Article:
A new study just found that taking aspirin doesn't necessarily help healthy older people — here's what you need to know

  • A new study found that daily low-dose aspirin use does not increase health and lifespan in relatively healthy elderly people over the age of 70.
  • It also didn’t seem to lower the risk of cardiovascular disease in these individuals.
  • This study serves as a contradiction to previous belief that aspirin can decrease risk of death and risk of developing cardiovascular conditions.

Several years ago, many physicians floated the idea of using a regimen of low-dose daily aspirin to prevent cardiovascular diseases in the elderly.

This was informed by the fact that aspirin is known and proven to help people prevent a second heart attack and stroke.

But a NIH-funded study published in the New England Journal of Medicine last week found that the use of low-dose aspirin as a primary prevention strategy in older adults did not significantly lower the risk of cardiovascular disease than placebo. It was also found to increase risk of major hemorrhage or bleeding.

The study ran for four years and enrolled 19,114 people over the age of 70 with no indications of dementia, physical disabilities, or medical conditions that required the use of aspirin.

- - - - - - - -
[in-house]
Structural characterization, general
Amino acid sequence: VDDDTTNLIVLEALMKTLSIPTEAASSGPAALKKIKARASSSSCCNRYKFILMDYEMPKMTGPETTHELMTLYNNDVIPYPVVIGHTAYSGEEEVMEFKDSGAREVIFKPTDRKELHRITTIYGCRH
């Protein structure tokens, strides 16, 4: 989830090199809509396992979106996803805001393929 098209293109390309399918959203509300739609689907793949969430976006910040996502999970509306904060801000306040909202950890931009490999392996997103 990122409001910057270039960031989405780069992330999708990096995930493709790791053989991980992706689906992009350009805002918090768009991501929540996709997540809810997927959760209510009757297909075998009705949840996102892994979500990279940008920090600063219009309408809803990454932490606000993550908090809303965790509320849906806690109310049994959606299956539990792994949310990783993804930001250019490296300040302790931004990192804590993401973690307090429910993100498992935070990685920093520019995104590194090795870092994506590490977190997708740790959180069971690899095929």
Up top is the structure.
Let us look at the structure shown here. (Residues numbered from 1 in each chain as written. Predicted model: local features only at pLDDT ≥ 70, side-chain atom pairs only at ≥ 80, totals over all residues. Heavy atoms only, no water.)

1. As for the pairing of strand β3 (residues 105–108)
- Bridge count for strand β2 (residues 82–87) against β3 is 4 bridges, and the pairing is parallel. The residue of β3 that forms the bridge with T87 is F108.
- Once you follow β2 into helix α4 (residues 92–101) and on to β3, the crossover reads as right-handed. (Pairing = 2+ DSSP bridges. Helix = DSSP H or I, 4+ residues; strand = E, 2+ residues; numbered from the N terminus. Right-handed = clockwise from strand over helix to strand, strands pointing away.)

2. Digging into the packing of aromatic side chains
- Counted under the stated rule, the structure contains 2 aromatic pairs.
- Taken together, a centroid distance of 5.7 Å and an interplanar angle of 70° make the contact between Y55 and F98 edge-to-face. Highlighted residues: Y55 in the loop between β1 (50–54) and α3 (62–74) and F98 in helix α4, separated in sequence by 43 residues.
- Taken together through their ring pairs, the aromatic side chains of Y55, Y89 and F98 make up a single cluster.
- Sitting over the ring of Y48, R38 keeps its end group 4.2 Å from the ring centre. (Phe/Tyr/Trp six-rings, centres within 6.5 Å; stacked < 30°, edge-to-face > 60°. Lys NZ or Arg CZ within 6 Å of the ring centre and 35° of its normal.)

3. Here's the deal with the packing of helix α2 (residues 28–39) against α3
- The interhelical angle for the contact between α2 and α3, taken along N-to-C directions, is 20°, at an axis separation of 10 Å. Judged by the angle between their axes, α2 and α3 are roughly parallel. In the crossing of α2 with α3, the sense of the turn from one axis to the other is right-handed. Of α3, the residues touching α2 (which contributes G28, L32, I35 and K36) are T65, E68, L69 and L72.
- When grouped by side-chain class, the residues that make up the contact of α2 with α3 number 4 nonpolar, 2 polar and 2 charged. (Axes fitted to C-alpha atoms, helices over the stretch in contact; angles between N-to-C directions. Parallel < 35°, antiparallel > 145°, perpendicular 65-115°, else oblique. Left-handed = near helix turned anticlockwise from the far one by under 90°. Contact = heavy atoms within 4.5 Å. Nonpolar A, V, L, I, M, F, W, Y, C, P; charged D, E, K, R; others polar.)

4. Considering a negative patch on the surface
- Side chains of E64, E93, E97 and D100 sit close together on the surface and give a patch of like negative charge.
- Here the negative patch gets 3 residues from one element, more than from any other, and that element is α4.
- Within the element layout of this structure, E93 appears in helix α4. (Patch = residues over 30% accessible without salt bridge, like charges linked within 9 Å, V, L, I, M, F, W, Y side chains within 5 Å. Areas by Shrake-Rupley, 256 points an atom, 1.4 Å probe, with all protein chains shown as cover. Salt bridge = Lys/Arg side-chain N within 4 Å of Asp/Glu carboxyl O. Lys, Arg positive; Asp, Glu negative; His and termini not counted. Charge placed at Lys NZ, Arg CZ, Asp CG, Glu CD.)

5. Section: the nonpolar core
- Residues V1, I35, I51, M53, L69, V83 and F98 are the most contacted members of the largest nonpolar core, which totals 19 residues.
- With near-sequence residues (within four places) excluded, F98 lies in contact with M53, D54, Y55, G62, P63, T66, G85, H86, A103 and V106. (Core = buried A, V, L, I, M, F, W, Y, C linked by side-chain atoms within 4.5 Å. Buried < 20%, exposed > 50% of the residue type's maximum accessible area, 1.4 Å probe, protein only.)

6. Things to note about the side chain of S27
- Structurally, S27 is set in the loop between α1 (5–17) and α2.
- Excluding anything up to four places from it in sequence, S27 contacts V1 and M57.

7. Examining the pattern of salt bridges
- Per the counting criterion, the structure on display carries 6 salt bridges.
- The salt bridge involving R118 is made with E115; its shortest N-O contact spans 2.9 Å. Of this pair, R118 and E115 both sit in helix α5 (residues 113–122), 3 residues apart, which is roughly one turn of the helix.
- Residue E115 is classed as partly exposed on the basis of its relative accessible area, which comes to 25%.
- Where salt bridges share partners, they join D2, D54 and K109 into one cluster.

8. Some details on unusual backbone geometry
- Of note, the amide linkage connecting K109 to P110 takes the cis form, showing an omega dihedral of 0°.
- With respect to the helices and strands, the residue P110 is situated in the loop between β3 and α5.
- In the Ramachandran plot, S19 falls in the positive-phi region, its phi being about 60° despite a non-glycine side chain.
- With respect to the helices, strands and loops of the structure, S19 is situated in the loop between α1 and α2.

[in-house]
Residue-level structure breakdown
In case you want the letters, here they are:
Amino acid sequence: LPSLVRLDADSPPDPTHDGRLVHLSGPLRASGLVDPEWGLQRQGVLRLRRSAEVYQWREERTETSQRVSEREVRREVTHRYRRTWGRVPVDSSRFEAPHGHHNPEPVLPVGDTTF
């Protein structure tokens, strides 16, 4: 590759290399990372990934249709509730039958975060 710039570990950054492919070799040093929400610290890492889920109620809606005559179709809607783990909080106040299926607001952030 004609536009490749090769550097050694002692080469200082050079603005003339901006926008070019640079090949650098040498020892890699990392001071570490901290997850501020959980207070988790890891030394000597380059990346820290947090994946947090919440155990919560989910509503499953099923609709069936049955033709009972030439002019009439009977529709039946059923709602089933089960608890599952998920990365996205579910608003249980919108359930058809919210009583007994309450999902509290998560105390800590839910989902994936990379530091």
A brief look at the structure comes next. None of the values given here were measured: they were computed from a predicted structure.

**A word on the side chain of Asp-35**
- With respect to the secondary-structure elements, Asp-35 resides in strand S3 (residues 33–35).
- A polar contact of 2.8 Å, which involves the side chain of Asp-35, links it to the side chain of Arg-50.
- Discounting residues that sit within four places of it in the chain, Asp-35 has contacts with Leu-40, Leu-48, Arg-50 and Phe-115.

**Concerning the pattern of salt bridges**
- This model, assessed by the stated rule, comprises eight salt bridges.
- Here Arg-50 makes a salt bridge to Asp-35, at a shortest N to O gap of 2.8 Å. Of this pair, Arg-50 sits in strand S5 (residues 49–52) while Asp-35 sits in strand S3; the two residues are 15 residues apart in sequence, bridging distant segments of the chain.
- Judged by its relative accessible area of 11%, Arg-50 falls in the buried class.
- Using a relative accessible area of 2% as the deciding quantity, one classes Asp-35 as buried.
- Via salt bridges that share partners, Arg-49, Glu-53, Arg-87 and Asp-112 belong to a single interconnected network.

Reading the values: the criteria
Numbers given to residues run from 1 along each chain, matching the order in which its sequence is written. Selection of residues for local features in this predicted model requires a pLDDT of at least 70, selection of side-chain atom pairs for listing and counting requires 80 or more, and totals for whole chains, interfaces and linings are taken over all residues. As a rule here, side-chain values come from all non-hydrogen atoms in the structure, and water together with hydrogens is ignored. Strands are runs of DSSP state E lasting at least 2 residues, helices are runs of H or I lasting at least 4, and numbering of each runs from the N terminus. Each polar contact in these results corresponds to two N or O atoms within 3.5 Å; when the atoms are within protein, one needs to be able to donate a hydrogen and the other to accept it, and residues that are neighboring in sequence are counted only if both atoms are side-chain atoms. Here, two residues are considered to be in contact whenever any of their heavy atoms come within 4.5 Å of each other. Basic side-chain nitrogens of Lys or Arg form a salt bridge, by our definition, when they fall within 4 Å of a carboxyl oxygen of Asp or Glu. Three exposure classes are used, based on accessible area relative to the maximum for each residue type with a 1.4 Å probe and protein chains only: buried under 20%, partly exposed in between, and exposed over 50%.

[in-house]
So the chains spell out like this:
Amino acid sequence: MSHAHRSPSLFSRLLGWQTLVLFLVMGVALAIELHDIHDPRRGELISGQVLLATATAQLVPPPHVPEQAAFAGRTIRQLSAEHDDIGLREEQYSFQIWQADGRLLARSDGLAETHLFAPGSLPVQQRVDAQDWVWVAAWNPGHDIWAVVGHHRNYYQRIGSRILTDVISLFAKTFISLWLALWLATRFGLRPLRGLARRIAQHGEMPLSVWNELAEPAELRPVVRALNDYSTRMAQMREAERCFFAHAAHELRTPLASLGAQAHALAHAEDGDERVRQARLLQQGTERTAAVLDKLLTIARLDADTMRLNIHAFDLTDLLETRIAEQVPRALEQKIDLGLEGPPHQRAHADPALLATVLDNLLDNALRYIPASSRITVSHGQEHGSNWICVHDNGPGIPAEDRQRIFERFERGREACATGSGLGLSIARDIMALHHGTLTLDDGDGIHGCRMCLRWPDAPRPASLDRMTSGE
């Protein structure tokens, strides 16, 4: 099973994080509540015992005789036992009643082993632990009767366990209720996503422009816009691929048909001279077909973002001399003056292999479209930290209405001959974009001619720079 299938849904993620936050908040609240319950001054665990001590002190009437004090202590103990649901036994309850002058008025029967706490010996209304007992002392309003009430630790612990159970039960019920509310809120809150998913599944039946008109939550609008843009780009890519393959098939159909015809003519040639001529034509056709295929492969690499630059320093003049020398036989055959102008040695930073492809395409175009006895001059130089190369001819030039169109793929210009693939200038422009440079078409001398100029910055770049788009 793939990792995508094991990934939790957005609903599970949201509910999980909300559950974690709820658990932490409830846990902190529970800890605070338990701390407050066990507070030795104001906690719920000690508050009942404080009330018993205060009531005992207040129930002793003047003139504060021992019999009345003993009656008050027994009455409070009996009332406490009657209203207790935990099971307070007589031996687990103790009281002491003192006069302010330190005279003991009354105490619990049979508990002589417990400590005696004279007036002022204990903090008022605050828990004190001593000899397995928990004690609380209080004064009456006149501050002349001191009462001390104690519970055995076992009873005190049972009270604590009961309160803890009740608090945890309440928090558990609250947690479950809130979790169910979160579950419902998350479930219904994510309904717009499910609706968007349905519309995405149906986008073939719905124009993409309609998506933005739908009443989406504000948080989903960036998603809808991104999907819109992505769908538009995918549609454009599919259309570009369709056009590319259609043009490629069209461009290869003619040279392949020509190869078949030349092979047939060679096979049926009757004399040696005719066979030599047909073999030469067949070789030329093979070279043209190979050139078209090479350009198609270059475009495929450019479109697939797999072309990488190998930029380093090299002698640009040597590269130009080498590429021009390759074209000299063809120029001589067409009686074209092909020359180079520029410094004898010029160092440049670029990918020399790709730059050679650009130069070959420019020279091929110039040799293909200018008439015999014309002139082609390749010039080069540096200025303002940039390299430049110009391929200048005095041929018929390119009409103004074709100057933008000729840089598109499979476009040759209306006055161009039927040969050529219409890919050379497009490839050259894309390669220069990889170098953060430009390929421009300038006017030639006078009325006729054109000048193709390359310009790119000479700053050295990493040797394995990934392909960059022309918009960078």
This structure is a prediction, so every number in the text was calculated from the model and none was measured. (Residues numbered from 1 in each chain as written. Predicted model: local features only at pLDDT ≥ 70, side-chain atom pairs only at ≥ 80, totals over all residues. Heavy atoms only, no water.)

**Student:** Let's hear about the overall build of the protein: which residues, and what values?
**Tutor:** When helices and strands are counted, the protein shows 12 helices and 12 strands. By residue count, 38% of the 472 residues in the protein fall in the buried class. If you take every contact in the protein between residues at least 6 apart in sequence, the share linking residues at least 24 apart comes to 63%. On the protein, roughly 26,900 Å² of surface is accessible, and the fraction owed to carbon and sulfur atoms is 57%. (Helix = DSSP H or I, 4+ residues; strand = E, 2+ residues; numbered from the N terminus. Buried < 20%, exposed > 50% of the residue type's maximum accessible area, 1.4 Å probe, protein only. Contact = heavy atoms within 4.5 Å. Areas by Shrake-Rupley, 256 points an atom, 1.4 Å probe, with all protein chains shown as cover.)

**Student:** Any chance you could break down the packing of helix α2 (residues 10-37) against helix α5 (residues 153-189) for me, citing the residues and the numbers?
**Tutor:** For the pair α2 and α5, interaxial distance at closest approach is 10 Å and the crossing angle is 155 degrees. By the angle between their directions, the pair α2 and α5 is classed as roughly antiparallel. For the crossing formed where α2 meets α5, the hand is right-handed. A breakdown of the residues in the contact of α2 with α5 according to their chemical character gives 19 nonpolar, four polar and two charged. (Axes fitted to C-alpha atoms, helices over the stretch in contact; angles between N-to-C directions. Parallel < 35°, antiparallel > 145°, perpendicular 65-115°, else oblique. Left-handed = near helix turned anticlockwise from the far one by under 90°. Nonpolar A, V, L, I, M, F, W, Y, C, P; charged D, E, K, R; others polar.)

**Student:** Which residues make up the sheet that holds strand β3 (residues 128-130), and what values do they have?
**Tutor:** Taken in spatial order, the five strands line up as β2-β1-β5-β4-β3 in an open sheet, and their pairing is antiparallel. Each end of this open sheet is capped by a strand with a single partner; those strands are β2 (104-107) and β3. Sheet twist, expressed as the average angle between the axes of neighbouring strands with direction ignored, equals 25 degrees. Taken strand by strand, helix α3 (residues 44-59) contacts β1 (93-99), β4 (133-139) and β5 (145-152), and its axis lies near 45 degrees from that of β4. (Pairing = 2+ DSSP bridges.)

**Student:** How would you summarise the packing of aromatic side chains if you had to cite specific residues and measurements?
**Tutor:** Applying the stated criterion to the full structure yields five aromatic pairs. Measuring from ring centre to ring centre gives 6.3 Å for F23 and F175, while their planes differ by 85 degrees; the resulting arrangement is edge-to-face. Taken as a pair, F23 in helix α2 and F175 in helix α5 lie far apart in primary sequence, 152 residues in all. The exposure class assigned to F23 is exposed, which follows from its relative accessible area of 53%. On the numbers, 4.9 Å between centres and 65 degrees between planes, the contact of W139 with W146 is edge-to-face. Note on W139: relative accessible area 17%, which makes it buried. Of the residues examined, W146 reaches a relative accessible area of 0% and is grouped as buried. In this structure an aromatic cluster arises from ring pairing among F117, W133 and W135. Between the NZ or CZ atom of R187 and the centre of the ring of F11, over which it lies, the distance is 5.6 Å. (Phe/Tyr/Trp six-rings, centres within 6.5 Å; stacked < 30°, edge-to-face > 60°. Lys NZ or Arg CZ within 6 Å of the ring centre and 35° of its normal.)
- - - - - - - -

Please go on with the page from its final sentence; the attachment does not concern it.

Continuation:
The study found that treatment with 100 mg of low-dose aspirin per day did not significantly impact the health and lifespans of these individuals. In fact, the group taking aspirin had an slightly elevated risk of death compared to the placebo group (5.9% vs 5.3%). The regimen also did not lower the rate of cancer-related death, counter to previous beliefs.

Aspirin is a blood-thinner, and it works by interfering with the function of platelets, which play an important role in clotting. Blood clots can form when an artery is narrowed by cholesterol. When blood flow to the heart is cut out, it can lead to a heart attack. Aspirin, by reducing the clumping action in the blood, can lower the risks of these deadly clots.

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